Document 4: James H. Hubert, Executive Director of New York Urban League, to Margaret Sanger, 16 October 1929, Reel 32, Papers of Margaret Sanger, 1900-1966, Library of Congress, Washington, D.C.

Document 4: James H. Hubert, Executive Director of New York Urban League, to Margaret Sanger, 16 October 1929, Reel 32, Papers of Margaret Sanger, 1900-1966, Library of Congress, Washington, D.C.


   This letter conveys a resolution passed on 10 October by the Social Workers Club of Harlem asking Sanger to open a clinic in Harlem. Hubert, who had been executive director of the New York Urban League since 1918, was the president of the club in 1929. Sanger had attended the Club's meeting on the 9th of October, at which time she had asked the club to support her plans for the Harlem Branch clinic. It is unclear from surviving records whether Hubert or Sanger initiated this collaborative effort. Perhaps the publicity surrounding the police raid of the CRB led Hubert to renew his acquaintance with Sanger. Sanger and Hubert had collaborated on a birth control clinic five years earlier, when, the year after Sanger opened the Clinical Research Bureau, Hubert approached her about the possibility of opening a clinic in a Black neighborhood.[56] In 1924, Sanger opened a branch location in conjunction with the Urban League in the Columbus Hill neighborhood. However, there were too few patients to keep the clinic open more than a few months.[57] It is also possible Sanger and/or Hubert always intended to open another clinic and the opportunity to fund a new clinic arose when the Rosenwald Fund initiated grants to health care projects in Black communities. Whoever initiated plans for the Harlem clinic, the project fit well with the wider political commitments of both Sanger and Hubert.

   The New York Urban League was an important institution in Harlem in the 1930s. It opened offices in two buildings on 136th Street in 1923. By the 1930s, the league was providing meeting space to almost 100 clubs and organizations, ranging from the Housewives' League and the Boy Scouts to the Henry Street Visiting Nurses Association and the Harlem Tuberculosis and Health Committee. The league also provided adult education and vocational training for working people in the city. Even before the Depression, the league was helping Harlem residents find jobs and providing assistance to workers by challenging racial bias in unions and among employers.[58]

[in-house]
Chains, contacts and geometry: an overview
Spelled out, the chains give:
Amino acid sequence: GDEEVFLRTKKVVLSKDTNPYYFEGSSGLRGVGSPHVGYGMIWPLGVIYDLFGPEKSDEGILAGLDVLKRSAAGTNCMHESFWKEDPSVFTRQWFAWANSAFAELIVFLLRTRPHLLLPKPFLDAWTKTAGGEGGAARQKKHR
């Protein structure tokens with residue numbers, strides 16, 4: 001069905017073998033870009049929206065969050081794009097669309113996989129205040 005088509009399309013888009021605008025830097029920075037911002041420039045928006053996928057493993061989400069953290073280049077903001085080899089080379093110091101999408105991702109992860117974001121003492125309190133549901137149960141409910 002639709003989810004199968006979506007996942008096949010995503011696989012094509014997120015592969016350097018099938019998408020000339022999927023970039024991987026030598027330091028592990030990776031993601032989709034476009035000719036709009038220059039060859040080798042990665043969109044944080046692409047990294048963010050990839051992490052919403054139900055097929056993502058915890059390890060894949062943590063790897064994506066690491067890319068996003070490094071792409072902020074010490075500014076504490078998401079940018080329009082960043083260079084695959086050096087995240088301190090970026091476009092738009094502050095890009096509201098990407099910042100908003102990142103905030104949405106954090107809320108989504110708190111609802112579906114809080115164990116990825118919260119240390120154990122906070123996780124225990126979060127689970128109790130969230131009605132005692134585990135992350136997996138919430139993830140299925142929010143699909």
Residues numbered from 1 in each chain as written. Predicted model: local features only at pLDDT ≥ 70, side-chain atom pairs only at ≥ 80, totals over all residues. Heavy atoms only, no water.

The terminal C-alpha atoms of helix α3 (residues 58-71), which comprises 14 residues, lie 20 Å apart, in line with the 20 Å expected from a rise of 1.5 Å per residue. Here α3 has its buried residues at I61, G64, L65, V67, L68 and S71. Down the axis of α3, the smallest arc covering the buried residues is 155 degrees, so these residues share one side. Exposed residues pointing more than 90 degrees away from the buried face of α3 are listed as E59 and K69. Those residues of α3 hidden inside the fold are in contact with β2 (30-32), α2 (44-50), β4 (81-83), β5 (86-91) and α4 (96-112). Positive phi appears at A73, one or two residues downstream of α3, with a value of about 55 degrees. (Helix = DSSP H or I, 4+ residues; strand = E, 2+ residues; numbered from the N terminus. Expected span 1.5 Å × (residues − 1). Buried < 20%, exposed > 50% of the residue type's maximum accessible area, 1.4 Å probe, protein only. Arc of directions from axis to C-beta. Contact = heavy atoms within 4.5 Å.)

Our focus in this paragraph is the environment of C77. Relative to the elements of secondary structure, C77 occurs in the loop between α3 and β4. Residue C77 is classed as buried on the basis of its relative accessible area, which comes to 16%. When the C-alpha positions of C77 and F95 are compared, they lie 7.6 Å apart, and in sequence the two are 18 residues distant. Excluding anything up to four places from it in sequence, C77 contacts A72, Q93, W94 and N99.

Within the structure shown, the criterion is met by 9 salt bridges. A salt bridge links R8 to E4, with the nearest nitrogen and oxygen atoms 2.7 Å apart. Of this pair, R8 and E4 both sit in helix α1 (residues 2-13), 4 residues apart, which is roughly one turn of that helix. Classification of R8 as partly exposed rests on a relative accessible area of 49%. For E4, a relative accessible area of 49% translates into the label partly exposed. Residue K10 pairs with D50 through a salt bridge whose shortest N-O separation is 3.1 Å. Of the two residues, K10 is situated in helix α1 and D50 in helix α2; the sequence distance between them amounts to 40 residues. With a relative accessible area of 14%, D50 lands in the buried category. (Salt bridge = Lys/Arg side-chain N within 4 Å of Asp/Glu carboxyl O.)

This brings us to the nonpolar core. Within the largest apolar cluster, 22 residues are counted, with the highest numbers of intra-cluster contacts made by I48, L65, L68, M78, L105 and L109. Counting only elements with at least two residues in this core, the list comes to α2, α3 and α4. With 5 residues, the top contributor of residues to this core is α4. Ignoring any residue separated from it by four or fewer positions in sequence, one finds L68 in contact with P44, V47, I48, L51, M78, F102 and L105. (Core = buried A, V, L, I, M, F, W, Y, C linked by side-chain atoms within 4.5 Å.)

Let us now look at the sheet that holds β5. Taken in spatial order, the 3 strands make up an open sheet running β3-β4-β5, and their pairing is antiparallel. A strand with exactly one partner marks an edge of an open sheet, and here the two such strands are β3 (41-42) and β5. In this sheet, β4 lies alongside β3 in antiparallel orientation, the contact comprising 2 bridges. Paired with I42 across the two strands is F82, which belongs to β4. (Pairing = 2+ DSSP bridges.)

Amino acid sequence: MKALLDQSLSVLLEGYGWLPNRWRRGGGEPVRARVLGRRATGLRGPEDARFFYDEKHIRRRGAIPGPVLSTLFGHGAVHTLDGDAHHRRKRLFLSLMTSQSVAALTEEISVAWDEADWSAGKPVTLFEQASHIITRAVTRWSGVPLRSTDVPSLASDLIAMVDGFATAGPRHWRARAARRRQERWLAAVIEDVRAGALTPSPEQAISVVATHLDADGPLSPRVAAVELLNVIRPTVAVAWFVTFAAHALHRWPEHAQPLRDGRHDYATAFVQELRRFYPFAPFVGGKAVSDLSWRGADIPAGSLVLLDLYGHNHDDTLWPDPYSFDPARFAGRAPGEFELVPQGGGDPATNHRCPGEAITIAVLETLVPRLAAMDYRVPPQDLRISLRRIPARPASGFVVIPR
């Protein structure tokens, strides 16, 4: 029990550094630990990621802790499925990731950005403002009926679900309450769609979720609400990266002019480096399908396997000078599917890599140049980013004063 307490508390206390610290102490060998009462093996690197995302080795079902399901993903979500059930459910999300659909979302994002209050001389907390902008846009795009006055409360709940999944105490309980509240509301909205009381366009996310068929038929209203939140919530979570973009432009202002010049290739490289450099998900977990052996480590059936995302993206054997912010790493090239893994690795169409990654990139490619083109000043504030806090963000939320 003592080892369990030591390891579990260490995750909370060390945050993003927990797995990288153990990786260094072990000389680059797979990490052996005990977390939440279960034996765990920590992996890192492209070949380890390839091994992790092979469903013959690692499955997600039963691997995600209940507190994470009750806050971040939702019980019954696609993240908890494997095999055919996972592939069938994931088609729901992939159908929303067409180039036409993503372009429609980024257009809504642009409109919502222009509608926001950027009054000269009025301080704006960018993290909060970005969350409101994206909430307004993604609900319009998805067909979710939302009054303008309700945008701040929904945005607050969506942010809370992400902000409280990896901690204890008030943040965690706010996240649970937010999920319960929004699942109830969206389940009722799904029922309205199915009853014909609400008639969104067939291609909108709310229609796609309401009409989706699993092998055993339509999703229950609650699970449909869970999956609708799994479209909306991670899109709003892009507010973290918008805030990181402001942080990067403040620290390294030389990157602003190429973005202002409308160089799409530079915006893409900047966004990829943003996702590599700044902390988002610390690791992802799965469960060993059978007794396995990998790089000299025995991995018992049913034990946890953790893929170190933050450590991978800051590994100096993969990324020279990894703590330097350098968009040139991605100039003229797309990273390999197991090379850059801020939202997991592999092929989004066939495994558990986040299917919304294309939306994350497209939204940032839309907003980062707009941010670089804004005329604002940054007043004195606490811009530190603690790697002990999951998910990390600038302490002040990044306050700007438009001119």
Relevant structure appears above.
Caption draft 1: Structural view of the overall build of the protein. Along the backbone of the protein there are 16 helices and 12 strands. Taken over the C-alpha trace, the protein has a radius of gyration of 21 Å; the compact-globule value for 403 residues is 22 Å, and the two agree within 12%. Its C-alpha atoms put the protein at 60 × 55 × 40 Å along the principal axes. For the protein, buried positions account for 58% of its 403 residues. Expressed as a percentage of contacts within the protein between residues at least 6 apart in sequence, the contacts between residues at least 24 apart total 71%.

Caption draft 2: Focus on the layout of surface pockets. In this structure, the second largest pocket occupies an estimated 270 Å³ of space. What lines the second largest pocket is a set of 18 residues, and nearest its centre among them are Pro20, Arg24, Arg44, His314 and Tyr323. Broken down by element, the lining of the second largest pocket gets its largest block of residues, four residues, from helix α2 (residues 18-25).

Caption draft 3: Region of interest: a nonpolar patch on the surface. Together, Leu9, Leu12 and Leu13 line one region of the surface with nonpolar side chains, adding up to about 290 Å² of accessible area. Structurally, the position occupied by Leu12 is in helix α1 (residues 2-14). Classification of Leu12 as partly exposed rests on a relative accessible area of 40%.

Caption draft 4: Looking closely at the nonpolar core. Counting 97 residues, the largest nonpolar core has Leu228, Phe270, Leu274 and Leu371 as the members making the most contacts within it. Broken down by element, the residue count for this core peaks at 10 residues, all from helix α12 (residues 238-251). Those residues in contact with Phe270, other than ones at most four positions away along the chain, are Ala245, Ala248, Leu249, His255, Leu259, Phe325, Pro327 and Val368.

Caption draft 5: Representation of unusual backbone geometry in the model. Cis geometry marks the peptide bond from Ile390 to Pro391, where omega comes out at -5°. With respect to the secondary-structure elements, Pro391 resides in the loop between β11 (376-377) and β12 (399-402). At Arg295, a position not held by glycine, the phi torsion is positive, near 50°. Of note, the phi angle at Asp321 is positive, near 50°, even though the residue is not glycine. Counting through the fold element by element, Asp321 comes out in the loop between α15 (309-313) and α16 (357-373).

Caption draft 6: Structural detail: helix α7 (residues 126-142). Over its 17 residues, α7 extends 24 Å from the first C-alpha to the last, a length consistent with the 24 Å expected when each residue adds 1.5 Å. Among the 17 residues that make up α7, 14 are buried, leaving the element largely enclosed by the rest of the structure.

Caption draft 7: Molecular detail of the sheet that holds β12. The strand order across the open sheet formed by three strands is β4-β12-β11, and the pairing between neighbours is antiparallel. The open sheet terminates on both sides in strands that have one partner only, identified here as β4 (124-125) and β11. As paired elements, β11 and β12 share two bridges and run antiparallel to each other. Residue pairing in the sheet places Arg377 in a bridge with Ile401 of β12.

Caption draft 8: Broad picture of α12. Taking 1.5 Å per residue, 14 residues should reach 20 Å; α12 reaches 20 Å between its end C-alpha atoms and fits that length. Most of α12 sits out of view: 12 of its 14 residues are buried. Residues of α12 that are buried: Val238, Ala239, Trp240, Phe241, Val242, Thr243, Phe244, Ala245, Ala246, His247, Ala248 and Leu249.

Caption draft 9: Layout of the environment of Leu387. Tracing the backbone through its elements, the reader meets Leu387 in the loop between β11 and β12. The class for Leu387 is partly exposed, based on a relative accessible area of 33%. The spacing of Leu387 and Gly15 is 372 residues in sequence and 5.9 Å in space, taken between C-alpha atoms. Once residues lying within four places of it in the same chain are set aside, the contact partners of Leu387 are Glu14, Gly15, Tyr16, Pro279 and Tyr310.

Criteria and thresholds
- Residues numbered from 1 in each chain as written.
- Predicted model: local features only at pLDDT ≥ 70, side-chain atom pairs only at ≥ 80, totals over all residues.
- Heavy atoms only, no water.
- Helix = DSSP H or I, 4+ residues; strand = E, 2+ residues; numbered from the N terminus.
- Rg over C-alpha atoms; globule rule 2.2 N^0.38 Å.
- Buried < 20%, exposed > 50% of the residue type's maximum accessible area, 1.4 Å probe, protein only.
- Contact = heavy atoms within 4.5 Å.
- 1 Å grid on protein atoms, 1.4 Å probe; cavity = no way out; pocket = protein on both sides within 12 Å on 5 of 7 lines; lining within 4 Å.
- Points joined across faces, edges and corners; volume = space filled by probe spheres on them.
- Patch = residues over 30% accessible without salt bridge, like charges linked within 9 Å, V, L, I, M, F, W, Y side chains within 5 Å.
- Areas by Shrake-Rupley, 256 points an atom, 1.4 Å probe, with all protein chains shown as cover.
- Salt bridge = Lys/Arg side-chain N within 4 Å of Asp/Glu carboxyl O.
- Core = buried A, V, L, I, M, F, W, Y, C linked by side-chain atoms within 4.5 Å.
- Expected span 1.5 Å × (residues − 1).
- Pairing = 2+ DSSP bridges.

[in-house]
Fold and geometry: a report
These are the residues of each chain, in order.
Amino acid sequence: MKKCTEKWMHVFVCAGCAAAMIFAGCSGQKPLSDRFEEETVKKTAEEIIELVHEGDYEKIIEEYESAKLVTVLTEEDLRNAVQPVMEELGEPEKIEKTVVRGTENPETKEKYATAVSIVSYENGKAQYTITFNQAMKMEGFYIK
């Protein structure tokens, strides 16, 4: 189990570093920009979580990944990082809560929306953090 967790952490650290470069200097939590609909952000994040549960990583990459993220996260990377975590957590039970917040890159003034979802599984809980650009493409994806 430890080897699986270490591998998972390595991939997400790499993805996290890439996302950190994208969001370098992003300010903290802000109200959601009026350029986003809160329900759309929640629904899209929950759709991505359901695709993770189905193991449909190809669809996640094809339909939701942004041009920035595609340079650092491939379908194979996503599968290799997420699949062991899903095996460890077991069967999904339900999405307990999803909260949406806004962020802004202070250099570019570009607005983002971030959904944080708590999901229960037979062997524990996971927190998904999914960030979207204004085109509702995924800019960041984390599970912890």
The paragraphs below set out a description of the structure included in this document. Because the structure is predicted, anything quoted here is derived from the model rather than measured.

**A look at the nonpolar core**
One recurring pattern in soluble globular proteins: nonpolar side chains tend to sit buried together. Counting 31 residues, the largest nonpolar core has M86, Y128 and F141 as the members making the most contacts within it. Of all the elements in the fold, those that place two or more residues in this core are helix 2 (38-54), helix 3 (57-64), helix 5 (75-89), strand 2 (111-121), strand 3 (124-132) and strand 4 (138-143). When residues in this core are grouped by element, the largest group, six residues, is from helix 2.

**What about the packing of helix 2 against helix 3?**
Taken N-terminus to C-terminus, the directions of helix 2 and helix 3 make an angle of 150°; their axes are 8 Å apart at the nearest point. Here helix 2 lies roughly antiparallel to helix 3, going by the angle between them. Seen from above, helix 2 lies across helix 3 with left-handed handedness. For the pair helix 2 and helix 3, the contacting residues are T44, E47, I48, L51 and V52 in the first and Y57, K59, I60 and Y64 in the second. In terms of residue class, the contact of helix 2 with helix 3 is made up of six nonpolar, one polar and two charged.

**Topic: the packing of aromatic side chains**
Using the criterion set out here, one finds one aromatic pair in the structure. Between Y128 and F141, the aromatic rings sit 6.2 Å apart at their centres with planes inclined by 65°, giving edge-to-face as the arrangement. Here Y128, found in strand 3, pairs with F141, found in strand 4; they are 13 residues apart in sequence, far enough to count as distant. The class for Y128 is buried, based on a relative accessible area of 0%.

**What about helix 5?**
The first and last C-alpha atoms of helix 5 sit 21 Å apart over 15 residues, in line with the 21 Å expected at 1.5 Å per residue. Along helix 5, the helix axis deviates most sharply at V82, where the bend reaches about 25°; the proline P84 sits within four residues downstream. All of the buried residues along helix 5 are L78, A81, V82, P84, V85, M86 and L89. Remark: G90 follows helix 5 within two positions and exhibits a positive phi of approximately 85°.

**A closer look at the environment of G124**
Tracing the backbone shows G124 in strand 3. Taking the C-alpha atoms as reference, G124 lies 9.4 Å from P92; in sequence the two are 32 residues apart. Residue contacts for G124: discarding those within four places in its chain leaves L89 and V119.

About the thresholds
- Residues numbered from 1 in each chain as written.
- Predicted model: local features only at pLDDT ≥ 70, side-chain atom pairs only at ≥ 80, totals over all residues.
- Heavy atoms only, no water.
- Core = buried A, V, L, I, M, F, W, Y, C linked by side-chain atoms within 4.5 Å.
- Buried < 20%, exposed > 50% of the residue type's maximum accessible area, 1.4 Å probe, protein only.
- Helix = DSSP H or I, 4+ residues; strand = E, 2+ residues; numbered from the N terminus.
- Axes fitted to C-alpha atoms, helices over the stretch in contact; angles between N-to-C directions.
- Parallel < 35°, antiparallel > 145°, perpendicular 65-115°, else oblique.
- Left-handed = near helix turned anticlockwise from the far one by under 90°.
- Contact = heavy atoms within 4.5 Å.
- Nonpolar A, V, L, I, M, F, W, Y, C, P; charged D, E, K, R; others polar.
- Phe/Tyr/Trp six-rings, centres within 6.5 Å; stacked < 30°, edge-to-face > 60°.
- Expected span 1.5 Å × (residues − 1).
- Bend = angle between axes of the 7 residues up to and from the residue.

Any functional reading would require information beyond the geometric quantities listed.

The Urban League had a close relationship with the Harlem clinic. Hubert and several members of the league's board served on the clinic Advisory Council, including Reverend William Lloyd Imes and Lois Allen. The Urban League proved important to the Harlem Branch clinic several years later when it provided space for the clinic in its building (see Document 34 and Document 35), and the relationship with Hubert, who was very influential in the community, was very important from the beginning. It is clear from this document that Hubert welcomed the clinic and helped Sanger publicize it in its earliest stages of development.

New York Urban League
202-6 West 136th Street
New York

James H. Hubert
Executive Secretary

October 16, 1929

My dear Mrs. Sanger:

   Enclosed please find resolution adopted at a meeting of the Social Workers Club of Harlem, Thursday evening, October 10th, endorsing the idea of a Birth Control Clinic in Harlem

   May I on behalf of the club express again our appreciation of your visit and the information which you gave about the BC League. It is my opinion that no district is more in need of this information than Harlem.

   Again thanking you and with kind regard, I am

Cordially yours,

Signature James H. Hubert

Mrs. Margaret Sanger
46 West Fifteenth Street
New York City.



Adopted By
Social Workers Club of Harlem
Thursday Evening, October 10th 1929

BE IT RESOLVED that this meeting hereby endorses the work of the Birth Control Research Bureau, and that Mrs. Margaret Sanger be invited and urged to establish a Birth Control Clinic somewhere in Harlem accessible to Negro Women.

We pledge ourselves to cooperate in every way possible with those promoting the idea of a Birth Control Clinic.


James H Hubert, President



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